Projects covering farming, transport and behaviour change are the first to secure support from National Lottery's ten-year £100m Climate Action Fund
A range of green projects geared at galvanising community climate action around the UK have been awarded a share of £14m announced by the National Lottery today.
The 14 sustainability projects to have secured funding, which marks the first portion awarded through National Lottery's £100m Climate Action Fund, include local food, farming, transport, domestic energy use, waste reduction, the natural environment and behaviour change initiatives.
The funding includes six large-scale partnership grants if between £1.3m and £2.5m in size, and eight development grants geared at "emergent ideas and projects" that range from £197,000 to £373,000, National Lottery said.
Organisations securing support for initiatives include Wildlife Trusts of Wales, Cumbria Action for Sustainability, Middlesbrough Environment Trust, and the Women's Environmental Network Trust.
The aim of the Climate Action Fund, which was launched in July 2019 by National Lottery's Community Fund, is to support local projects and help "communities be the catalysts for broader transformative change".
Over the next ten years, National Lottery expects to provide £100m for community-led climate action projects across the UK. That comes in addition to more than £340m National Lottery claims to have handed to environmental projects across 4,800 grants since April 2013 through its Community Fund.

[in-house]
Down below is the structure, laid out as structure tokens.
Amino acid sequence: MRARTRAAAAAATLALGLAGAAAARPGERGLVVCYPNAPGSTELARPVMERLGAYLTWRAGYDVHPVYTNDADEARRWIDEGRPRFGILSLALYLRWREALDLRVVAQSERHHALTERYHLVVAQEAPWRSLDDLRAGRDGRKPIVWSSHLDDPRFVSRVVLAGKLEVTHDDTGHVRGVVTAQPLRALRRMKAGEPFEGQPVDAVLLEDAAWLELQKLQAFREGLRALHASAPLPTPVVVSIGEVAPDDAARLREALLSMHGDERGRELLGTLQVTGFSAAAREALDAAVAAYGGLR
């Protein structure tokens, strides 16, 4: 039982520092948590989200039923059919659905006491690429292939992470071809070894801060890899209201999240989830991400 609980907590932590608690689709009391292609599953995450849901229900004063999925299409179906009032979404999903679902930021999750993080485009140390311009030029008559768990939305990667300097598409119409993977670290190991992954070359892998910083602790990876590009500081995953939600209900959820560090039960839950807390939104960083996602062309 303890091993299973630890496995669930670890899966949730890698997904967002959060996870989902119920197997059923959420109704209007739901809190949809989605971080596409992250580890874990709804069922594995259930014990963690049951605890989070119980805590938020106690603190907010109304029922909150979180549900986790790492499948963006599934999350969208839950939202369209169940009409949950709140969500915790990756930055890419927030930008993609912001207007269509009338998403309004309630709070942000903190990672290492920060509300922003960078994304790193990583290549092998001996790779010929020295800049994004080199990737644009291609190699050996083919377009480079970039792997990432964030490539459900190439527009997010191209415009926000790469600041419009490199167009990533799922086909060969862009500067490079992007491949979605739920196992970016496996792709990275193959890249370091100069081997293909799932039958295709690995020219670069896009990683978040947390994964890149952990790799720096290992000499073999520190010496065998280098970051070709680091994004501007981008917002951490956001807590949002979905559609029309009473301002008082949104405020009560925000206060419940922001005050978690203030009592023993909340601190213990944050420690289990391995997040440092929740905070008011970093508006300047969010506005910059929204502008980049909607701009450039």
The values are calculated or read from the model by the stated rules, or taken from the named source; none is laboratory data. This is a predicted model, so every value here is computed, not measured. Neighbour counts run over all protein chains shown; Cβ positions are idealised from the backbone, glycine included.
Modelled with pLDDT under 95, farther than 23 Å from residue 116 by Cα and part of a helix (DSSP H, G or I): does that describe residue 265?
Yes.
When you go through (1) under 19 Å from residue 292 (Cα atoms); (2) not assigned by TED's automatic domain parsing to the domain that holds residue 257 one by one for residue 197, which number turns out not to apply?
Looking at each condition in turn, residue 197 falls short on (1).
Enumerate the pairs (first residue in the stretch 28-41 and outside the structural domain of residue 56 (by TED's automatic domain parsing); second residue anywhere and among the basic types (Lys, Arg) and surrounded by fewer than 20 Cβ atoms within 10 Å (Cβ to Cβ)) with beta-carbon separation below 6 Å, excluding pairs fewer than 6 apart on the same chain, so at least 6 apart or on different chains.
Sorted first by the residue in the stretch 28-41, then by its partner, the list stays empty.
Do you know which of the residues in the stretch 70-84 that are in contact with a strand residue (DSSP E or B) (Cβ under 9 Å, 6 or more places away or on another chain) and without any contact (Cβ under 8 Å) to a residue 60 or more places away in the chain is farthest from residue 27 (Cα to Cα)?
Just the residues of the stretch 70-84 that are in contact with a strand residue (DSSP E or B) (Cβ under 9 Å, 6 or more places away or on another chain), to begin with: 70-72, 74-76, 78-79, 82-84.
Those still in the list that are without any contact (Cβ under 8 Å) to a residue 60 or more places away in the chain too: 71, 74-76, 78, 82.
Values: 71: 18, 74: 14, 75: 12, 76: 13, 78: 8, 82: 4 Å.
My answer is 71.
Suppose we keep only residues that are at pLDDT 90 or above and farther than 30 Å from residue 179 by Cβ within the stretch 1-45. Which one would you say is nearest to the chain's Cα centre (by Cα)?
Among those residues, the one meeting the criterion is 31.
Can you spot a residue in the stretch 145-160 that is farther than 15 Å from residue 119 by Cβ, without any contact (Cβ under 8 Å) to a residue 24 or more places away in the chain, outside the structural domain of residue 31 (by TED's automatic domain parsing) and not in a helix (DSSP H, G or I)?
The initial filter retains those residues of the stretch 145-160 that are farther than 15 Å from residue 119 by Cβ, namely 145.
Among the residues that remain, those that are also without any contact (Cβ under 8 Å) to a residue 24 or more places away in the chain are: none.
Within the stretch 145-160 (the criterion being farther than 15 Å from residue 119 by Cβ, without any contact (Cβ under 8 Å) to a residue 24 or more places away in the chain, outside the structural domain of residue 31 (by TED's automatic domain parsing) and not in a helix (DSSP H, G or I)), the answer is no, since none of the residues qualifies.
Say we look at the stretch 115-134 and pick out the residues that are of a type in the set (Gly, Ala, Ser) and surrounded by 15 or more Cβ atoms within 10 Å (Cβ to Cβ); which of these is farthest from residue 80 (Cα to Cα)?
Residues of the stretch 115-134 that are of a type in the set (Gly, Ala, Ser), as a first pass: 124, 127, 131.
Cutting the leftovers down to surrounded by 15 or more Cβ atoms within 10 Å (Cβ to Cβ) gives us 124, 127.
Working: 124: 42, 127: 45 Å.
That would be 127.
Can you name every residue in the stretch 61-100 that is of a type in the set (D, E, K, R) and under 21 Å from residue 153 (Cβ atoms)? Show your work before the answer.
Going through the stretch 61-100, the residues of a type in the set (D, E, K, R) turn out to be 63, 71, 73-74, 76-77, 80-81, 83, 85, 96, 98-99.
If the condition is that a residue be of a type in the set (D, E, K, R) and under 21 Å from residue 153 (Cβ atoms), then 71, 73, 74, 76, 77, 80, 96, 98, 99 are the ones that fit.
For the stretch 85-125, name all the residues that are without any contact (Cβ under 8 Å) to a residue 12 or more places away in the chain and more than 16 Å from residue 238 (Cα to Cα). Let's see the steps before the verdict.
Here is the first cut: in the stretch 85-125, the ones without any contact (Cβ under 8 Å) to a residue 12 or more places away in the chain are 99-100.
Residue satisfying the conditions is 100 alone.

"We know that local community action is at the heart of delivering solutions that not only minimise the impact on the environment, but also offer additional benefits that people and communities can reap," John Rose, director and environment lead at the National Lottery Community Fund, said. "In the last few months we have been reminded that communities truly understand their places and spaces, and so often play a vital role in responding in a crisis, and we're confident with people in the lead communities can tackle climate action and responding to the climate emergency."
Among the successful bidders, Middlesbrough Environment City Trust, has scooped £1.6m to fund work geared at driving down the town's carbon footprint by raising greater awareness about sustainable living, while the Women's Environmental Network Trust clinched £2.1m to run a range of community food projects across the borough of Tower Hamlets in London.
In addition, Duchy College in Cornwall has been awarded £1.3m to help the local farming community shift towards net zero emissions, while a development grant of £200,000 has been handed to Community Foundation for Northern Ireland support sustainable farming in Derry.
Mark Fishpool, director of Middlesbrough Environment City Trust, hailed the funding as a "once-in-a-lifetime opportunity to engage local communities and young people in taking action to address climate change and create a sustainable future for our town".
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